Date of Award


Document Type

Open Access Master's Thesis

Degree Name

Master of Science in Biomedical Engineering (MS)

Administrative Home Department

Department of Biomedical Engineering

Advisor 1

Megan C. Frost

Committee Member 1

Smitha Rao

Committee Member 2

Lanrong Bi


After injury, wound healing is a complex sequential cascade of events essential for the proper recovery of the wound without the scar formation. Nitric oxide (NO) is a small, endogenous free-radical gas with antimicrobial, vasodilating and growth factor stimulating properties. NO has wide biomedical application especially in wound healing however, its usability is hindered due its administration problem as it is highly unstable.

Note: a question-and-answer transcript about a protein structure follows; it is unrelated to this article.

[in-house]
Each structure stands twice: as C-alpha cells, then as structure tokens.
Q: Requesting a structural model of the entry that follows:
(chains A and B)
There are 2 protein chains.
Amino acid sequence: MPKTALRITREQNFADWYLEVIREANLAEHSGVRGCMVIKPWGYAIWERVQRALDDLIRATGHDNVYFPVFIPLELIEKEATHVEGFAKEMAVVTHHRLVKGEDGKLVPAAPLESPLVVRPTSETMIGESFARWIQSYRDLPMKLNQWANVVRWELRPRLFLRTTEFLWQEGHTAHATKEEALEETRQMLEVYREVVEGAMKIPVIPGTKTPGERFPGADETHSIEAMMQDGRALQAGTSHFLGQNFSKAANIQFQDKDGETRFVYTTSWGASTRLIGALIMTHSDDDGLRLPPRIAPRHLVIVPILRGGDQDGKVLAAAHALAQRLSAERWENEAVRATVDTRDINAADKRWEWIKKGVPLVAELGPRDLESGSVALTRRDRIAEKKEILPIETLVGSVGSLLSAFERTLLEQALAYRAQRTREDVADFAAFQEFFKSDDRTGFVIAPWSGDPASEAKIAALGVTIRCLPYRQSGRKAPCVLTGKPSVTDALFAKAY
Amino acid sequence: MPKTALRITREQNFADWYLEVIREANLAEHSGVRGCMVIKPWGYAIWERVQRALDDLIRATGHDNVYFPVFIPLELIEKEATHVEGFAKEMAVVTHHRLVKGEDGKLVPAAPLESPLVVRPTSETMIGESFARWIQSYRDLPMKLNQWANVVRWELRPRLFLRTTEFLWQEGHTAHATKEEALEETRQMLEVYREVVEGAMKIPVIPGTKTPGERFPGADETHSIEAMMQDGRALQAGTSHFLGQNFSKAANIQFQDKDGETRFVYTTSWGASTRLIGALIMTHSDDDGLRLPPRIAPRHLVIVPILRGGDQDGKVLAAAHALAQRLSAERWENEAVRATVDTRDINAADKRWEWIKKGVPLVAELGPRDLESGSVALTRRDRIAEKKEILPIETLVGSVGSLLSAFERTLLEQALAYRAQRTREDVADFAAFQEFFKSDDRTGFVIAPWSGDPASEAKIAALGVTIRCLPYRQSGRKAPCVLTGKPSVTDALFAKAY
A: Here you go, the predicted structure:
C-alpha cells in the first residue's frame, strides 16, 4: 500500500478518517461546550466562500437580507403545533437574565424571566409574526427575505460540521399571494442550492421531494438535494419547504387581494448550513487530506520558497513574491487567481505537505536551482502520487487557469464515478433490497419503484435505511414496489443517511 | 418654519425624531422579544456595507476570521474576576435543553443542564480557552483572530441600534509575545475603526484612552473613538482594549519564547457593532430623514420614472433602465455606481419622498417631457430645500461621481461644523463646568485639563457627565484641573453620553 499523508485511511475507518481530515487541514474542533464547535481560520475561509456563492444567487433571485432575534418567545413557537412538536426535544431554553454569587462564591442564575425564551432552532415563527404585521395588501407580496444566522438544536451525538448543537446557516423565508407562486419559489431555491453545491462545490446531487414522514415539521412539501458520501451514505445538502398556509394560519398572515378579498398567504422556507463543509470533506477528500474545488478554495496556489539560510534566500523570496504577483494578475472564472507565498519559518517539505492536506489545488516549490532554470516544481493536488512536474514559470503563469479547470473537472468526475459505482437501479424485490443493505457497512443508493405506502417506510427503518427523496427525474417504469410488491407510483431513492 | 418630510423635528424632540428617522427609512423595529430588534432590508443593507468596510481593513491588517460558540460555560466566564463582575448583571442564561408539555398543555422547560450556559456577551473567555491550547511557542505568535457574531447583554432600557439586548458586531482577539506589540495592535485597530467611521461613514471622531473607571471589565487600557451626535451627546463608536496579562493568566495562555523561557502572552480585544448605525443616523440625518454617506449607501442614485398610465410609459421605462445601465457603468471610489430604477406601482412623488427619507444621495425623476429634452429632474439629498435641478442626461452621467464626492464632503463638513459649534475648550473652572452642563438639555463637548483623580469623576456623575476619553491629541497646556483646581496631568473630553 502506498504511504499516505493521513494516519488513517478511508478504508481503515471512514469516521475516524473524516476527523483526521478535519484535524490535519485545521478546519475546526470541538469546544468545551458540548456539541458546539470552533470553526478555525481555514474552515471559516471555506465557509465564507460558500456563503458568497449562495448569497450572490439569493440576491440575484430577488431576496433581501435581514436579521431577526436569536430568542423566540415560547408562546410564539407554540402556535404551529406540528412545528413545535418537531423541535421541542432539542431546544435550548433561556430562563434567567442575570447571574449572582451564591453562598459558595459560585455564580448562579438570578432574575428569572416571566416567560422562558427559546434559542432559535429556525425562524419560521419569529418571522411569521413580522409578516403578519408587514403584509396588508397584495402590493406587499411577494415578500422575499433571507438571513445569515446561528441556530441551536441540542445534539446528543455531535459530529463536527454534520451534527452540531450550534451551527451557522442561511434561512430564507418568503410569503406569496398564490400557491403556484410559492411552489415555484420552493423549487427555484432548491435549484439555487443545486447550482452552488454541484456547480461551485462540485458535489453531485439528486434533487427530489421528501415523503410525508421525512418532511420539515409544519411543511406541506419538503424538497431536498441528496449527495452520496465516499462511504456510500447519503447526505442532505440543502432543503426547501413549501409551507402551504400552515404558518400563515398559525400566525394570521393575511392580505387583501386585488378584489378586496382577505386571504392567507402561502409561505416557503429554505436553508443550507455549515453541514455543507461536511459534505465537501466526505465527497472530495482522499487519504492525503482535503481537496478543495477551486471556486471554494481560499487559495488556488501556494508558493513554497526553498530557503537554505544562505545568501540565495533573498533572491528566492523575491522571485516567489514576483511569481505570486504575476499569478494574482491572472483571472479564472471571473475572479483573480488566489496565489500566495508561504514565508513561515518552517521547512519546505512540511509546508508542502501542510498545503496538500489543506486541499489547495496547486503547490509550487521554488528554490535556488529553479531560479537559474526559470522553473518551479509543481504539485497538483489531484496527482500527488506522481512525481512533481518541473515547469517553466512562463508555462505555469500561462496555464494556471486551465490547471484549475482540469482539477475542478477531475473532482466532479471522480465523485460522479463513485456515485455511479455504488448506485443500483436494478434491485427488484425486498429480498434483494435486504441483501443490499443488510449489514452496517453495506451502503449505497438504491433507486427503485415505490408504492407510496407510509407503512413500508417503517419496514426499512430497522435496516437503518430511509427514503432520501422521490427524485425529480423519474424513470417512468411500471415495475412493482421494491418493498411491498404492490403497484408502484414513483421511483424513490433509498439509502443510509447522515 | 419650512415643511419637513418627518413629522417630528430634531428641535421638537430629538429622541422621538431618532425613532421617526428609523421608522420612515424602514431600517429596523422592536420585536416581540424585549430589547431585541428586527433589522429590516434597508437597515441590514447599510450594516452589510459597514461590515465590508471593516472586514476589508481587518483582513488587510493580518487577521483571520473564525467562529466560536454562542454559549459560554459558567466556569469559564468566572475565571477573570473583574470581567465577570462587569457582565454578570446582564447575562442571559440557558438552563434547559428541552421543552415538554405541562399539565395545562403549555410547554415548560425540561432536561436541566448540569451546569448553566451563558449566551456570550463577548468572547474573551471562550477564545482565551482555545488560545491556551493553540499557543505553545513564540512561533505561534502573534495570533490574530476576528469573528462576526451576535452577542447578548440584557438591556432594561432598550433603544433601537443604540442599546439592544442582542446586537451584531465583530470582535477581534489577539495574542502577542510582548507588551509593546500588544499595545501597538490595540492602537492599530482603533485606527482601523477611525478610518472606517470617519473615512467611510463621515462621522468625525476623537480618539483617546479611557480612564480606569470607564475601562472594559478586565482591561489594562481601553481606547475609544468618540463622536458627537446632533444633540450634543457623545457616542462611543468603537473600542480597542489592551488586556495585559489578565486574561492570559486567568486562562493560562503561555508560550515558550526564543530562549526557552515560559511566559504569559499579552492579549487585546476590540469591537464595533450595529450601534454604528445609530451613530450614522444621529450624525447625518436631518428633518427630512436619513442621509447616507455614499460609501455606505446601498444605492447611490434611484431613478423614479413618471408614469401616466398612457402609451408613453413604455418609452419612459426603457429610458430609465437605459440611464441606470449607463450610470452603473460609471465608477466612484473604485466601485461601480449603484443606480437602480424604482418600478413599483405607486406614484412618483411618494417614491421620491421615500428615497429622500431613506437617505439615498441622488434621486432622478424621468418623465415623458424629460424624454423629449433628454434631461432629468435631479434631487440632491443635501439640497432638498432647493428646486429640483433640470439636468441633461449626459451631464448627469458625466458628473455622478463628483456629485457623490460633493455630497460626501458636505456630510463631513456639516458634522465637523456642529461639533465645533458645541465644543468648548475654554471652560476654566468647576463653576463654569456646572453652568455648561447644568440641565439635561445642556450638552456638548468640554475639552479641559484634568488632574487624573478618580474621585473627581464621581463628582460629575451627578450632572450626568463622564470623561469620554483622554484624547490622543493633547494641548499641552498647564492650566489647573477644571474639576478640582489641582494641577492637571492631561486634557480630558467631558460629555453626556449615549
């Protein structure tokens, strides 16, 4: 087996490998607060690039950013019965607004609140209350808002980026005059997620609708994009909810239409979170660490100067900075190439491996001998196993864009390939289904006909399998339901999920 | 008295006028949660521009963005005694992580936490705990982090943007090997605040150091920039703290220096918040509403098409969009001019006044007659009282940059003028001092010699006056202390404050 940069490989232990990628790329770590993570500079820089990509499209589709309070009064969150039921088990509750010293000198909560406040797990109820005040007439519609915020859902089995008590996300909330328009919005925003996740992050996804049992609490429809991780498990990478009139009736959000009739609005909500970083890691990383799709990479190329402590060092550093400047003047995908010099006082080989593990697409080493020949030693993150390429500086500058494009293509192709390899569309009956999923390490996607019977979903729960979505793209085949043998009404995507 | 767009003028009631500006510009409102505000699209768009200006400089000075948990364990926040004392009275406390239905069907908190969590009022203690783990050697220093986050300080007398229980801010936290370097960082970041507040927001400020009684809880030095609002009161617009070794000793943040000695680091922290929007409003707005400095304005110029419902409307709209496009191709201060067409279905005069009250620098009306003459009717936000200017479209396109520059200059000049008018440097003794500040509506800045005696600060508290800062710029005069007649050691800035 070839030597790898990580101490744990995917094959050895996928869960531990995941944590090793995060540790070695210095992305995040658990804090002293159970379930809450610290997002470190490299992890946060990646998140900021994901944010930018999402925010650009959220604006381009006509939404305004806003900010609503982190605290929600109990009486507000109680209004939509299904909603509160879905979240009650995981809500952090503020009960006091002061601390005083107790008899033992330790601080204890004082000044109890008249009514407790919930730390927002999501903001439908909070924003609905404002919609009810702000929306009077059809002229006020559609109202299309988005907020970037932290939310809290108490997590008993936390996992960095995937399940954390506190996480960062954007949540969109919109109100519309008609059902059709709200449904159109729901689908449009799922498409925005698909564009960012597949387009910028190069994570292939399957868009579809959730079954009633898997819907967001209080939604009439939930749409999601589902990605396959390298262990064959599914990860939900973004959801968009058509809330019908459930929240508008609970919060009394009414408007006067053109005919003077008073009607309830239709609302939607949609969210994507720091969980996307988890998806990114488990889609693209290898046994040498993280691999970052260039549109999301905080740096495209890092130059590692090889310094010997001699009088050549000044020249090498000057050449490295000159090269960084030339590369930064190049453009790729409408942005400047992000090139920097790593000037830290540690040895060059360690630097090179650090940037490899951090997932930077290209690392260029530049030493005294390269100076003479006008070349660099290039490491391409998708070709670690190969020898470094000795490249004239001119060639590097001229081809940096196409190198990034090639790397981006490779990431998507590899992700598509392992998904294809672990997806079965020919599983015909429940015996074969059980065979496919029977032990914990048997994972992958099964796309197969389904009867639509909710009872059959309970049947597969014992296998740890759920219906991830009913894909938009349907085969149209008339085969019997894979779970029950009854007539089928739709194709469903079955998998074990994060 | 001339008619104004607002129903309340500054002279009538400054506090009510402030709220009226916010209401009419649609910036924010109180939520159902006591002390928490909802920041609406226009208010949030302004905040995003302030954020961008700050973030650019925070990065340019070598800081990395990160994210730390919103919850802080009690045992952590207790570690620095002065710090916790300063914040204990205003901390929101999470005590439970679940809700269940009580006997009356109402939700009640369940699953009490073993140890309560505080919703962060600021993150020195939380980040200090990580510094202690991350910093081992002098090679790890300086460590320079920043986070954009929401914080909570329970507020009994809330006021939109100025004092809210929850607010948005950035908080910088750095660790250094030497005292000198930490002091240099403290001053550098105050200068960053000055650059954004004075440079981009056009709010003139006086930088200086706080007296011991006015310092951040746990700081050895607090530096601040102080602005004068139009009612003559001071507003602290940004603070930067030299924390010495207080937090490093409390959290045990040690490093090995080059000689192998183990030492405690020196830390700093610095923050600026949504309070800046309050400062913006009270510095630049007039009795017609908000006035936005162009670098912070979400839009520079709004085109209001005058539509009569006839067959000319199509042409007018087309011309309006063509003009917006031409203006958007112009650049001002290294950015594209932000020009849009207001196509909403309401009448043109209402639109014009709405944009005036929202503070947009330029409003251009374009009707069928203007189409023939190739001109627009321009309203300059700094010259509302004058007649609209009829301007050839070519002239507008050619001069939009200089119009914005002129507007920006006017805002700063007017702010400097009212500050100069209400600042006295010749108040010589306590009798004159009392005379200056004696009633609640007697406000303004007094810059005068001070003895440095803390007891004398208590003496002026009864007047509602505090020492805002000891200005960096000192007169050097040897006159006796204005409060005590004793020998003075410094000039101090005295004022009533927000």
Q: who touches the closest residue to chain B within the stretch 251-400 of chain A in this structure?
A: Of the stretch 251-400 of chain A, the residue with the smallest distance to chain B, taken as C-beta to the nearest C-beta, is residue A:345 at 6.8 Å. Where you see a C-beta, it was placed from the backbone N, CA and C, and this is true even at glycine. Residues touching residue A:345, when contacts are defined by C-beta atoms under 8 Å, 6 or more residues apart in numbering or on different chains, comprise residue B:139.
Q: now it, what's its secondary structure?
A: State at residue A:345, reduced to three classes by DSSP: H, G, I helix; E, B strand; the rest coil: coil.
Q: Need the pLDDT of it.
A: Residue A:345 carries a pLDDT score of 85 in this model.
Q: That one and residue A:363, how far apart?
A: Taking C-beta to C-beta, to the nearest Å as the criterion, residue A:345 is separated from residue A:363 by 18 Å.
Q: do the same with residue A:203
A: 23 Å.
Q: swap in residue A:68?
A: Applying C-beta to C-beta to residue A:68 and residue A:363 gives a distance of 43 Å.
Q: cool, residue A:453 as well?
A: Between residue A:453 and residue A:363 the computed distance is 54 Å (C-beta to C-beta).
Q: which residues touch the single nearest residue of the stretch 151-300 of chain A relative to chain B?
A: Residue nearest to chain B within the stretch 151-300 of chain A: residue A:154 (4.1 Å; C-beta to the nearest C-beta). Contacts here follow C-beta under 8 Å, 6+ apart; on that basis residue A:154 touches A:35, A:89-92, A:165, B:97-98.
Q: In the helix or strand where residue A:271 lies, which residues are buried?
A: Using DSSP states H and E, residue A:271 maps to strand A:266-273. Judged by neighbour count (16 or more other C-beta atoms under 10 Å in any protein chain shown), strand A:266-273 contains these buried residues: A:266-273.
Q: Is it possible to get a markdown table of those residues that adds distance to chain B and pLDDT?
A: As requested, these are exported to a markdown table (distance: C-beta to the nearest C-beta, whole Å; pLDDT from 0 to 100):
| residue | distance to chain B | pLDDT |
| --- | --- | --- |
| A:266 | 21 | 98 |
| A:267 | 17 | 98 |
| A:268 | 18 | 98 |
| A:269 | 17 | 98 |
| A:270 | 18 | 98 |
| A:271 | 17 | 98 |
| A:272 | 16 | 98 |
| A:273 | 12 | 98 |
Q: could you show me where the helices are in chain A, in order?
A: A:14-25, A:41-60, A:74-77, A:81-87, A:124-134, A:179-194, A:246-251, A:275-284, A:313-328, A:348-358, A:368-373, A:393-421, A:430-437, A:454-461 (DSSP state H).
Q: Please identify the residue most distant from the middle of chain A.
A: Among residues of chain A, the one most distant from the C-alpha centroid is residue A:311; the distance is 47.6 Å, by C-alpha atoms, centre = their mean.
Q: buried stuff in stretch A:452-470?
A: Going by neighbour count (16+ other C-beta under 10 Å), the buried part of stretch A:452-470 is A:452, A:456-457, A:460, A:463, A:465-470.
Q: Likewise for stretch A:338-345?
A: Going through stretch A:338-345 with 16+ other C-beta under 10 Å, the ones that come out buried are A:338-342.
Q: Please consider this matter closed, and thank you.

In this work, poly (l-lactic acid) microparticles encapsulated with NO donor S-nitroso-N-acetyl-D-penicillamine (SNAP) were prepared using water-in-oil-water double emulsion solvent evaporation method for controlled delivery for NO at the specific site. The NO release from SNAP-PLLA microparticles prepared at two different stirring speeds (500 and 2500 RPM) was evaluated using three main SNAP decomposition triggers i.e. light, copper and ascorbic acid. The light controlled on and off mechanism of nitric oxide release from the microparticles at different intensities was demonstrated that can be used to control the amount of NO release depending on the need. An average total NO release of 6.11 ± 1.71 x10-08 for 9 hrs. and 8.43 ± 2.92 x10-08 for 13 hrs. was observed from microparticle(500) andmicroparticle(2500) respectively on exposure to light, copper (II) and ascorbate. Furthermore, these SNAP-PLLA microparticles were embedded into thermosensitive chitosan-agarose hydrogel to form microparticle-hydrogel composite. These composites have demonstrated NO release on exposure to light. An ascorbic acid chitosan-agarose hydrogel composite system was also used to evaluate the NO release in the presence of only ascorbic acid from the microparticle hydrogel composite. A significant difference in average total NO release from both microparticles as well as microparticle-hydrogel composite was observed because of varying size parameter. These findings suggest that these microparticle as well as microparticle-hydrogel composite formulations may be useful for wound site administration of nitric oxide to accelerate wound healing process delayed due to dysfunction in endogenous NO production caused by pathological infection.